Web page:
New Journal Article – hydrological processes in mountain headwater basins

Subalpine forest water use behaviour and evapotranspiration during two hydrologically contrasting growing seasons in the Canadian Rockies

Lindsey E. Langs, Richard M. Petrone, John W. Pomeroy

Hydrological Processes, Volume 35, Issue 5
April 2, 2021

Hydrological processes in mountain headwater basins are changing as climate and vegetation change. Interactions between hydrological processes and subalpine forest ecological function are important to mountain water supplies due to their control on evapotranspiration (ET). Improved understanding of the sensitivity of these interactions to seasonal and interannual changes in snowmelt and summer rainfall is needed as these interactions can impact forest growth, succession, health, and susceptibility to wildfire. To better understand this sensitivity, this research examined ET for a sub-alpine forest in the Canadian Rockies over two contrasting growing seasons and quantified the contribution of transpiration (T) from the younger tree population to overall stand ET. The younger population was focused on to permit examination of trees that have grown under the effect of recent climate change and will contribute to treeline migration, and subalpine forest densification and succession. Research sites were located at Fortress Mountain Research Basin, Kananaskis, Alberta, where the subalpine forest examined is composed of Abies lasiocarpa (Subalpine fir) and Picea engelmannii (Engelmann spruce). Seasonal changes in water availability from snowmelt, precipitation, soil moisture reserves yielded stark differences in T and ET between 2016 and 2017. ET was higher in the drier year (2017), which had late snowmelt and lower summer rainfall than in the wetter year (2016) that had lower snowmelt and a rainy summer, highlighting the importance of spring snowmelt recharge of soil moisture. However, stand T of the younger trees (73% of forest population) was greater (64 mm) in 2016 (275 mm summer rainfall) than 2017 (39 mm T, 147 mm summer rainfall), and appears to be sensitive to soil moisture decreases in fall, which are largely a function of summer period rainfall. Relationships between subalpine forest water use and different growing season and antecedent (snowmelt period) hydrological conditions clarify the interactions between forest water use and alpine hydrology, which can lead to better anticipation of the hydrological response of subalpine forest-dominated basins to climate variability and change.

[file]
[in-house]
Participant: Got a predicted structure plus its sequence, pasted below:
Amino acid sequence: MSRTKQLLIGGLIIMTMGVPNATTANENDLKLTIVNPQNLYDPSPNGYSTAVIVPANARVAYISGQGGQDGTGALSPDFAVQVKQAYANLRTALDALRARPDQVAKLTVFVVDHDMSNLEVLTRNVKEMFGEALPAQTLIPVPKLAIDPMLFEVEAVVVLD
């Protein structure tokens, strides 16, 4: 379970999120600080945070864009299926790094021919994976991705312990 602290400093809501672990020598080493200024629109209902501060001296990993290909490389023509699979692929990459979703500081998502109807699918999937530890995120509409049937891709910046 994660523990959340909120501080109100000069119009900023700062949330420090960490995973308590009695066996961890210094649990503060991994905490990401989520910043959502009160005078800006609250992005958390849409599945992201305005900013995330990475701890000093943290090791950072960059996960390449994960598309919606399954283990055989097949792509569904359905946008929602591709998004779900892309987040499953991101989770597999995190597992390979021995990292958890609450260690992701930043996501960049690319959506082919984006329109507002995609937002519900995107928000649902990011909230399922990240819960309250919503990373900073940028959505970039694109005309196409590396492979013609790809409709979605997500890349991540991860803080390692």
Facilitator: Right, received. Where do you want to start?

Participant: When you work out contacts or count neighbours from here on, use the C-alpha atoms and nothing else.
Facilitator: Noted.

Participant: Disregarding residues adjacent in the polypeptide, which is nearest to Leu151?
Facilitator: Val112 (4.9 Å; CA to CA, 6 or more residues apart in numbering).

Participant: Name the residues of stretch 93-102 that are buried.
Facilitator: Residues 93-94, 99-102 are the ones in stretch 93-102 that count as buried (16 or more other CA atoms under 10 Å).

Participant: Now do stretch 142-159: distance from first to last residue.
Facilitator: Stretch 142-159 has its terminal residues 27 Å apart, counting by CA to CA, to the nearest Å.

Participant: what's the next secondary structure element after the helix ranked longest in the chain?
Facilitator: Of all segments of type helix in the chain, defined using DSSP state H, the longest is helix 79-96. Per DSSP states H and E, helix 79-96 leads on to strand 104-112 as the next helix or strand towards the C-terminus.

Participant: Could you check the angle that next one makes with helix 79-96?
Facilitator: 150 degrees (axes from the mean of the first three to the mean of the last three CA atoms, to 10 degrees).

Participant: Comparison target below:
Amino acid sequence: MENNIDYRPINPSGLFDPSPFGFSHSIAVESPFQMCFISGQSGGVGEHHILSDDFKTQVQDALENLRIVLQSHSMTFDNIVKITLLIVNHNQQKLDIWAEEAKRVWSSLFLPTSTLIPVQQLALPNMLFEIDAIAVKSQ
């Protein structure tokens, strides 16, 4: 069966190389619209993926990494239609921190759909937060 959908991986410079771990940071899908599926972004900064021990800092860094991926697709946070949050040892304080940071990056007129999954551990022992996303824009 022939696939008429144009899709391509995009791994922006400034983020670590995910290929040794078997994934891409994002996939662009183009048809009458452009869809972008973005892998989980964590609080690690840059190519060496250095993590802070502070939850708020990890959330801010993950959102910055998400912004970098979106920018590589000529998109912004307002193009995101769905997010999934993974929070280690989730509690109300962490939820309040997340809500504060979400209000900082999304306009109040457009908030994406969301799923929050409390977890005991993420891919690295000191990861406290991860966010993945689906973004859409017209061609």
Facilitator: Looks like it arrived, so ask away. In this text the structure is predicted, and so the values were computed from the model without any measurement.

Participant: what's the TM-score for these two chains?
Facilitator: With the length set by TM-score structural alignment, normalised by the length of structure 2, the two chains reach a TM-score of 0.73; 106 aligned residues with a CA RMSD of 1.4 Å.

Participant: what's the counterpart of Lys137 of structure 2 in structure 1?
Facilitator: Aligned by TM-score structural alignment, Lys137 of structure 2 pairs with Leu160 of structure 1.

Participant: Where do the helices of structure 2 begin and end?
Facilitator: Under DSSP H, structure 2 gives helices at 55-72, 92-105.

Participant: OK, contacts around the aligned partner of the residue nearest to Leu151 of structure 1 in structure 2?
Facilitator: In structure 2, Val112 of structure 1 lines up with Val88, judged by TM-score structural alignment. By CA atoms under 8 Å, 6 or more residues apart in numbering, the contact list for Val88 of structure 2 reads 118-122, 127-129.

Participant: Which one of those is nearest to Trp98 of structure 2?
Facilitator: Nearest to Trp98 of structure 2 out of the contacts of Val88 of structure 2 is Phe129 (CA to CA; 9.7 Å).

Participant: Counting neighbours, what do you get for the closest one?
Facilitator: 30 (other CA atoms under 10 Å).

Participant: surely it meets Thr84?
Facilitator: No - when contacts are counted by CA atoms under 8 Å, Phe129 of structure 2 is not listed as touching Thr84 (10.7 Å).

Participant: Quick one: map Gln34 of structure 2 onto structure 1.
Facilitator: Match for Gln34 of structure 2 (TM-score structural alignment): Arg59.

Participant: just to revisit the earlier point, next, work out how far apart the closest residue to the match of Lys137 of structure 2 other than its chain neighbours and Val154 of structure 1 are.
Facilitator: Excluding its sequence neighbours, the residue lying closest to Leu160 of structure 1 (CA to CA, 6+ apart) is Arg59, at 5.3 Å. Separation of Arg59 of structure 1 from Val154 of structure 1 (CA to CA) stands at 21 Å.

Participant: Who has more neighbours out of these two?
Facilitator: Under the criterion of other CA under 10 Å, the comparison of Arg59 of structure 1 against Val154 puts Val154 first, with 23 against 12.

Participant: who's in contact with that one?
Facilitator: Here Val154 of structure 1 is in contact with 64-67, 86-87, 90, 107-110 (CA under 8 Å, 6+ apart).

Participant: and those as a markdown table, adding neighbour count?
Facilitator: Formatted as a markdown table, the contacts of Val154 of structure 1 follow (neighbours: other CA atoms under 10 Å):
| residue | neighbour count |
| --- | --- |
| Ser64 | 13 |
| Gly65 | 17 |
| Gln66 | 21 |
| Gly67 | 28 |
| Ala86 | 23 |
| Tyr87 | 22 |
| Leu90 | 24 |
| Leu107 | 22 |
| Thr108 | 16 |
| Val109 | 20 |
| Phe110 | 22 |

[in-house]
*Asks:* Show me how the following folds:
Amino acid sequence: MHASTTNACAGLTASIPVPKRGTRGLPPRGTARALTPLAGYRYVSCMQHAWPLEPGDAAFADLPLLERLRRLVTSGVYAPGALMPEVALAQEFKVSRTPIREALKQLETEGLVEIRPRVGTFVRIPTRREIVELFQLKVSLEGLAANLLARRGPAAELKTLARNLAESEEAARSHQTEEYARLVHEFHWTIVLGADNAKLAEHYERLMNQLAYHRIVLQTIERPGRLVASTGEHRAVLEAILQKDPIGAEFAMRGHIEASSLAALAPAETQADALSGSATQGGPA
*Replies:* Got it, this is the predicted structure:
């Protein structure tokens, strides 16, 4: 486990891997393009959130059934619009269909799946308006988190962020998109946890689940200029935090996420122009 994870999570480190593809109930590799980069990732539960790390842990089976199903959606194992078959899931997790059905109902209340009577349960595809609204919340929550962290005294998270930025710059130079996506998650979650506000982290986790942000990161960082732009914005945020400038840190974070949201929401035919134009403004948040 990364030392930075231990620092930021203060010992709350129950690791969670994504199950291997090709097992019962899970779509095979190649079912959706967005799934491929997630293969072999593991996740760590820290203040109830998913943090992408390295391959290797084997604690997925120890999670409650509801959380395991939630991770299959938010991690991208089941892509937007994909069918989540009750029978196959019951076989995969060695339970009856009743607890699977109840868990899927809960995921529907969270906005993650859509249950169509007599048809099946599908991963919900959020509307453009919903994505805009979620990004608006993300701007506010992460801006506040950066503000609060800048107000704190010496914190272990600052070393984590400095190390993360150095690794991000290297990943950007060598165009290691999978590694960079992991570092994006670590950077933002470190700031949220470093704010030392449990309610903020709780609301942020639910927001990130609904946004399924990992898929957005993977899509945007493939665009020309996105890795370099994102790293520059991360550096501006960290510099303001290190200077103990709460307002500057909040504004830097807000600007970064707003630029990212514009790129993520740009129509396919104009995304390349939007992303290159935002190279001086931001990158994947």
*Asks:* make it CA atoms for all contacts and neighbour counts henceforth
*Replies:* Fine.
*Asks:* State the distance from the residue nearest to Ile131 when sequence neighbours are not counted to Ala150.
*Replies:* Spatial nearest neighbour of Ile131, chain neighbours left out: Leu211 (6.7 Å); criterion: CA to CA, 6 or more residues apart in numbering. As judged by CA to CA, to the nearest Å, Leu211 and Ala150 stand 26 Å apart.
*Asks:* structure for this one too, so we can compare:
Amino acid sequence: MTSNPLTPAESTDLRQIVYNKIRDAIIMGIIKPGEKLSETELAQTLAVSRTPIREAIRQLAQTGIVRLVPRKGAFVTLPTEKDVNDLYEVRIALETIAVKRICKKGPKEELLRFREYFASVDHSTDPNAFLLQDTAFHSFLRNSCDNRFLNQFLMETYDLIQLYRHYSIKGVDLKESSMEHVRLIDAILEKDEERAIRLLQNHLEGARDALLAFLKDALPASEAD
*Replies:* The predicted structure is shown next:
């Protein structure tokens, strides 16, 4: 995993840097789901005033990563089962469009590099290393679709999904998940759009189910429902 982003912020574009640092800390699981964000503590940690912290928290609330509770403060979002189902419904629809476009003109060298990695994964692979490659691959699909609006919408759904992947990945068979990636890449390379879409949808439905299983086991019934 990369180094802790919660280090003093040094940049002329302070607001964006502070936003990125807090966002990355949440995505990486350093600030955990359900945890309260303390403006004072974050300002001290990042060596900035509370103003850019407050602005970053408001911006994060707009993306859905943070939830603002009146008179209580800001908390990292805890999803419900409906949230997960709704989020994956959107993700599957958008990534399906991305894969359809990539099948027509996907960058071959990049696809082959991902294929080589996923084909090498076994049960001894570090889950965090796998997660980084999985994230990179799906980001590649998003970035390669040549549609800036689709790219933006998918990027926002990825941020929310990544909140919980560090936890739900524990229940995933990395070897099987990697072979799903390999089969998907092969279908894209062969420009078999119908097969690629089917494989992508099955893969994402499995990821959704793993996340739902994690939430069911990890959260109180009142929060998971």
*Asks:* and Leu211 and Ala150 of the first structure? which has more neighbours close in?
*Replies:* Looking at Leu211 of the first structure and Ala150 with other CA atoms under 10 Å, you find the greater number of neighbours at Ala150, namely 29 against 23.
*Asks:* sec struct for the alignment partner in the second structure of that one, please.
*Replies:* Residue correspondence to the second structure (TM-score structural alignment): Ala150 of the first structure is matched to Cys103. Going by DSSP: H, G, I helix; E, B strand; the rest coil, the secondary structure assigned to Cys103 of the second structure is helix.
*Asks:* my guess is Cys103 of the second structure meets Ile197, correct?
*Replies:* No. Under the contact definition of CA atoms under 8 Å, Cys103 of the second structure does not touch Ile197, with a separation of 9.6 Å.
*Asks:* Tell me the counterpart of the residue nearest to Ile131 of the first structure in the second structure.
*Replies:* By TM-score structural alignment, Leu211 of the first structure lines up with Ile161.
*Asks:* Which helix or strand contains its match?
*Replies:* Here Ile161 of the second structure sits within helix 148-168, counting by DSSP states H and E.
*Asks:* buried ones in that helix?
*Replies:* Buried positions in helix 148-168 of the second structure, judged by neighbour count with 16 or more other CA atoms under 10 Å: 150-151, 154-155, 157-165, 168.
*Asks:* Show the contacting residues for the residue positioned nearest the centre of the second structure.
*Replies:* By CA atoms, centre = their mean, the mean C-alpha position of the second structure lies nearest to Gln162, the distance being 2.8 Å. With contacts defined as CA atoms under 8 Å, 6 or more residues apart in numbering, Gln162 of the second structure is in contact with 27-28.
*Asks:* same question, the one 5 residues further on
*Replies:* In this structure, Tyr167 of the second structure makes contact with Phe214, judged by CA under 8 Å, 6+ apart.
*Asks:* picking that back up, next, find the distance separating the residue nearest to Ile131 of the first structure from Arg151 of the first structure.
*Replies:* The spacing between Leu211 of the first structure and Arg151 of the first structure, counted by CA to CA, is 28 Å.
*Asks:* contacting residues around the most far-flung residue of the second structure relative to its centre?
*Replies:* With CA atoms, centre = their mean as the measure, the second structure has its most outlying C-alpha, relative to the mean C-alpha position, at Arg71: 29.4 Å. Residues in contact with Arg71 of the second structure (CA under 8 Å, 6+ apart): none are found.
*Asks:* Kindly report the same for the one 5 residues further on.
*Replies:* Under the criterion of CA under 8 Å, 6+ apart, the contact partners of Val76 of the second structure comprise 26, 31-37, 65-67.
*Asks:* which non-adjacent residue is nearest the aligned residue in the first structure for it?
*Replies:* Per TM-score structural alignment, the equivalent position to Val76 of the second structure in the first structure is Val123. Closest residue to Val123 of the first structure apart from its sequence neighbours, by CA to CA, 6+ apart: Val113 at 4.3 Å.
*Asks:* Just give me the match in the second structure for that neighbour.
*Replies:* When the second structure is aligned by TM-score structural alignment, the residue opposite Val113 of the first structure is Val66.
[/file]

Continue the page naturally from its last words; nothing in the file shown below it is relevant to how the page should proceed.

Read the full article here.